- Don’t be afraid to use callouts, bold important information, or put some text in italics so that it stands out.
- Using different headers is also visually appealing and makes it look less overwhelming to your busy reader.
Most people will skim your content (in fact, according to Buffer (2016), 55% of readers will spend a whopping 15 seconds on a long-form article). You need to make it easy for them to skim your content and get the main takeaway. Hopefully, that’ll be enough to build interest and keep them reading.
Real life example: Once (on behalf of a client), I had to write about expiring copy leases, which can be super frustrating and time-consuming for business owners in our industry, so they typically just let them expire and deal with the expensive consequences. Also—a pretty mundane and boring topic. I decided to turn the piece into something positive and wrote about how an expiring copier lease can be a good thing and why/what to do about it. This client’s CTR shot up 45%. That’s significant.
4. Don’t Forget to Add Personality
Unless you’re writing a research paper, your content should have a dash of personality in it. Don’t be afraid to make it fun and on-brand. You need to talk to your readers—don’t write AT them. It is more entertaining to read a piece of content when you feel like an active participant in the conversation.
5. Remember Why You’re Writing This (and Who Your Audience Is)
With every sentence you should be asking yourself these questions:
- Who am I writing this for? Why do they care?
- How am I helping them? Am I adding value?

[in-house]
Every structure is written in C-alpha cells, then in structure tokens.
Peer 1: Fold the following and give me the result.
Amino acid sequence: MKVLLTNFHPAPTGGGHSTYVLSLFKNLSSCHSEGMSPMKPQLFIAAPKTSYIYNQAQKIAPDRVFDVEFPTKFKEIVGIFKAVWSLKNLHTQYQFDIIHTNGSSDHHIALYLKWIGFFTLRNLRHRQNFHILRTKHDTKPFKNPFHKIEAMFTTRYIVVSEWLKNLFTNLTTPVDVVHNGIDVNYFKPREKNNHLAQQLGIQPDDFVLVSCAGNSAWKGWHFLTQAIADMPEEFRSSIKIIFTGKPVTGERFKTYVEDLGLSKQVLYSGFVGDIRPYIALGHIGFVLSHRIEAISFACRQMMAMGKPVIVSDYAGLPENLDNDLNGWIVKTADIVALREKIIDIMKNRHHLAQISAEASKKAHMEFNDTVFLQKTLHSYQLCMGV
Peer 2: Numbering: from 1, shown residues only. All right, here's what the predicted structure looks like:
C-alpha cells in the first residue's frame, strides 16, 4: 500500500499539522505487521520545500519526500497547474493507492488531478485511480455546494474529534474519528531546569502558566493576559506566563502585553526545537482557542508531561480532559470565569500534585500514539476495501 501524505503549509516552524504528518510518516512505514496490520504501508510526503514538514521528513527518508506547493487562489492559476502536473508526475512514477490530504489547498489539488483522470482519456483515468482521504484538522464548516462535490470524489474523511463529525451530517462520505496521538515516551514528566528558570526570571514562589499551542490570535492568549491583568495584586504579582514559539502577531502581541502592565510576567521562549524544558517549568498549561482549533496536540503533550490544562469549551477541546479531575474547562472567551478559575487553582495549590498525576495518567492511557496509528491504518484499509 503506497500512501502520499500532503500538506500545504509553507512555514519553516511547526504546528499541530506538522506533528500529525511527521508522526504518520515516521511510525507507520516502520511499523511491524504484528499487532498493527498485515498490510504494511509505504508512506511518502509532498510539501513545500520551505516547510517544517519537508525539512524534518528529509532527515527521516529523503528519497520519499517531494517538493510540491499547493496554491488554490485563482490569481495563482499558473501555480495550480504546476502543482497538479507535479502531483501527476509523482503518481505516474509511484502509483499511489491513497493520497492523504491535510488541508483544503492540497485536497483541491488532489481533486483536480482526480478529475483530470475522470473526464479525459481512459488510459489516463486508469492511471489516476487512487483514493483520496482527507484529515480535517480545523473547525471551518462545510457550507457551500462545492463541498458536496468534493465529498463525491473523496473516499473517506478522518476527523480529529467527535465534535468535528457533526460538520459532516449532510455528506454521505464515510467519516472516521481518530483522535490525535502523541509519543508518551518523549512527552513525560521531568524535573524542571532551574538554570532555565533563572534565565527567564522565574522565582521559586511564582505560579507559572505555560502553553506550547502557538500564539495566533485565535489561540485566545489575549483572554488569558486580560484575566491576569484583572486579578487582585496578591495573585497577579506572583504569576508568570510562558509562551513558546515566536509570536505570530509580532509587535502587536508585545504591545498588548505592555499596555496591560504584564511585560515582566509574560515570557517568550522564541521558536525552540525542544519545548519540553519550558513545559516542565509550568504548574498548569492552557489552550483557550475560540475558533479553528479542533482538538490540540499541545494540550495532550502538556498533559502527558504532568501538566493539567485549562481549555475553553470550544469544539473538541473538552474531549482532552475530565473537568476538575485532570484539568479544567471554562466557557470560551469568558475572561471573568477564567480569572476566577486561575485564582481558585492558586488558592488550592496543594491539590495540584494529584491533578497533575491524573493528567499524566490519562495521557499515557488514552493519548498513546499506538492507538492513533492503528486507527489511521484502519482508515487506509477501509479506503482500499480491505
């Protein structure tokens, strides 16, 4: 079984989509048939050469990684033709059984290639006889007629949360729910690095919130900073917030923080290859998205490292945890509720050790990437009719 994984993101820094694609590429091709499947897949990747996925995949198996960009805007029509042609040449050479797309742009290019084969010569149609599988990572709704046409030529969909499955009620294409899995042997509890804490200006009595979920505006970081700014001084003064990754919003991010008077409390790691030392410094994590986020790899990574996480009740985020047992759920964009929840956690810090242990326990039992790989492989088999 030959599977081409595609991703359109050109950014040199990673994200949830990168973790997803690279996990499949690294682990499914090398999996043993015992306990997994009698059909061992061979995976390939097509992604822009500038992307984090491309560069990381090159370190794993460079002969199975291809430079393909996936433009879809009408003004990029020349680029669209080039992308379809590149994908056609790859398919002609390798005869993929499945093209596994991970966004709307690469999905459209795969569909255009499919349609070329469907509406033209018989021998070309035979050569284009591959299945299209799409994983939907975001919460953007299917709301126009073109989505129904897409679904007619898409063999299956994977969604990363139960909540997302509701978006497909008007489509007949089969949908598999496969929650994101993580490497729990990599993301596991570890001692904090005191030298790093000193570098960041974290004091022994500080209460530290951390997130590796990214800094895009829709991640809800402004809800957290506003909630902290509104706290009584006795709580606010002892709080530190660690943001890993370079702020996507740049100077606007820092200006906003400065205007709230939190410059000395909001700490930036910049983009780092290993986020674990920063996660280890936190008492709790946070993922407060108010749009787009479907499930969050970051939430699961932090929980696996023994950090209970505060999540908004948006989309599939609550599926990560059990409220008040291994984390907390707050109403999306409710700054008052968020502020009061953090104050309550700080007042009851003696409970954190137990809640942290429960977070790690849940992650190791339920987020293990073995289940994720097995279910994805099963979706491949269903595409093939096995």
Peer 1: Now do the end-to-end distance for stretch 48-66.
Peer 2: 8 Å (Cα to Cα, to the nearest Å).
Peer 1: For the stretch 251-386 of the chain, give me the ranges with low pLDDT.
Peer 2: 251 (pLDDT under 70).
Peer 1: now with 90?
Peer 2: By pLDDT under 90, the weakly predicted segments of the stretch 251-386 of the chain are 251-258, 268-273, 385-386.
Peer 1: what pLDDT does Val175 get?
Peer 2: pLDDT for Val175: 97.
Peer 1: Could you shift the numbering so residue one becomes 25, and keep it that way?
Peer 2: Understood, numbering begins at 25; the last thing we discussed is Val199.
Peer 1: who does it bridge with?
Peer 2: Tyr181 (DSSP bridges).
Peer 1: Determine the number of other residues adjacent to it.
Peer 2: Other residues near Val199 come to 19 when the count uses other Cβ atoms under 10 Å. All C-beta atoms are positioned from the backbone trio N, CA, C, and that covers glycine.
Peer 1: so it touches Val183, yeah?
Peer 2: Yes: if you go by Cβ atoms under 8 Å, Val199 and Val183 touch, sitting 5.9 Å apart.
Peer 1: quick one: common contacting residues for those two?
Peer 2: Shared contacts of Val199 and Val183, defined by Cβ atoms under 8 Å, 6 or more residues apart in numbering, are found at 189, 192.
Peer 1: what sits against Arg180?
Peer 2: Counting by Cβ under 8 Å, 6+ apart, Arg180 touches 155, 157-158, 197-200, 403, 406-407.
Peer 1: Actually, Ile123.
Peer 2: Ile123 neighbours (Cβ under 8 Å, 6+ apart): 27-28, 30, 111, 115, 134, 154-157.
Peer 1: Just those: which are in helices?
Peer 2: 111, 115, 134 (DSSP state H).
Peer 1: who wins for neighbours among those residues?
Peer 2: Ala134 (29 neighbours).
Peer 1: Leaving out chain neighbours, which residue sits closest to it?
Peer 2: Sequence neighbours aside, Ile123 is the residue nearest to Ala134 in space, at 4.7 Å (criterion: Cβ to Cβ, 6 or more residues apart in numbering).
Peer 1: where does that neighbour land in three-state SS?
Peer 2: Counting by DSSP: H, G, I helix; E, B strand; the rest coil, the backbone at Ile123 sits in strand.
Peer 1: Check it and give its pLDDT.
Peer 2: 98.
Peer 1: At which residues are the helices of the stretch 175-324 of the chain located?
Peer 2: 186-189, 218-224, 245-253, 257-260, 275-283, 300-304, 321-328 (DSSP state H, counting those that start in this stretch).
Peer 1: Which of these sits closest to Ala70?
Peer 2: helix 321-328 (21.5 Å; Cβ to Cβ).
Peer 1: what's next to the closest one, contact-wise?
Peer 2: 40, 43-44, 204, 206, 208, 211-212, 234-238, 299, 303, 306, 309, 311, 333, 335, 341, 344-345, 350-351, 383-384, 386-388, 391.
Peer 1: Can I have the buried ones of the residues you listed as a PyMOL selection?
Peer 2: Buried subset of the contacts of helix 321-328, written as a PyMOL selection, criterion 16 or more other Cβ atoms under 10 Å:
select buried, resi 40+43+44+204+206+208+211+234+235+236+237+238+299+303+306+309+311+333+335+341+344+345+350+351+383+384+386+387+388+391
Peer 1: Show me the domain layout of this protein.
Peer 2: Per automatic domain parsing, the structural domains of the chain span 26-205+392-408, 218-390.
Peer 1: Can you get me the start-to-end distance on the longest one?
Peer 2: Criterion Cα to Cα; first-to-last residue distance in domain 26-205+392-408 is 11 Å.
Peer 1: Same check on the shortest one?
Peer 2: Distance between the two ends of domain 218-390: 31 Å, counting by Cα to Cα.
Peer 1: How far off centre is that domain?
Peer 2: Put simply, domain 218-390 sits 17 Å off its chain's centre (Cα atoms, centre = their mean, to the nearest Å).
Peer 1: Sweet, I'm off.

- Why am I writing this? What do I want my readers to take away from this?
- What action do I want them to take after reading this? Call me? Fill out a form? Download a PDF?
At the end of the day, you’re writing FOR your readers. If they won’t find any value in your content, then you shouldn’t be writing it. You have to make it relatable to them—otherwise, what’s the point?
6. Use Assertive Language
Again, this is dependent on the topic, but in many cases, if you’re writing a “how-to” or trying to drive a point home, you need to use assertive language. We’re all a little guilty of using passive language in order to seem inviting and friendly, but when it comes down to it, your readers are busy and they don’t have time to read a bunch of fluff.
If I am reading an article on how to increase my SEO efforts, I want you to tell me how to do it. Language like “need to” instead of “should” can be very effective.
7. Your Introduction Needs to Reel Them In
Your introduction is your hook. You have a few seconds to grab their attention so it needs to be engaging and relatable. Many writers suggest writing a brief introduction to get started and then revisiting it again and reworking it once your content piece is finished.
If nothing else, you need to do some digging—think about who your audience is and what their interests and pain points are. How can you connect those to your topic? A clever writer will always find a way to weave those in and find a relatable angle, which, in turn, will transform a dull blog topic into a great piece of content.
Good luck and happy writing! P.S. if you have any questions, or need some help with your writing and/or strategy, contact us. We're happy to help.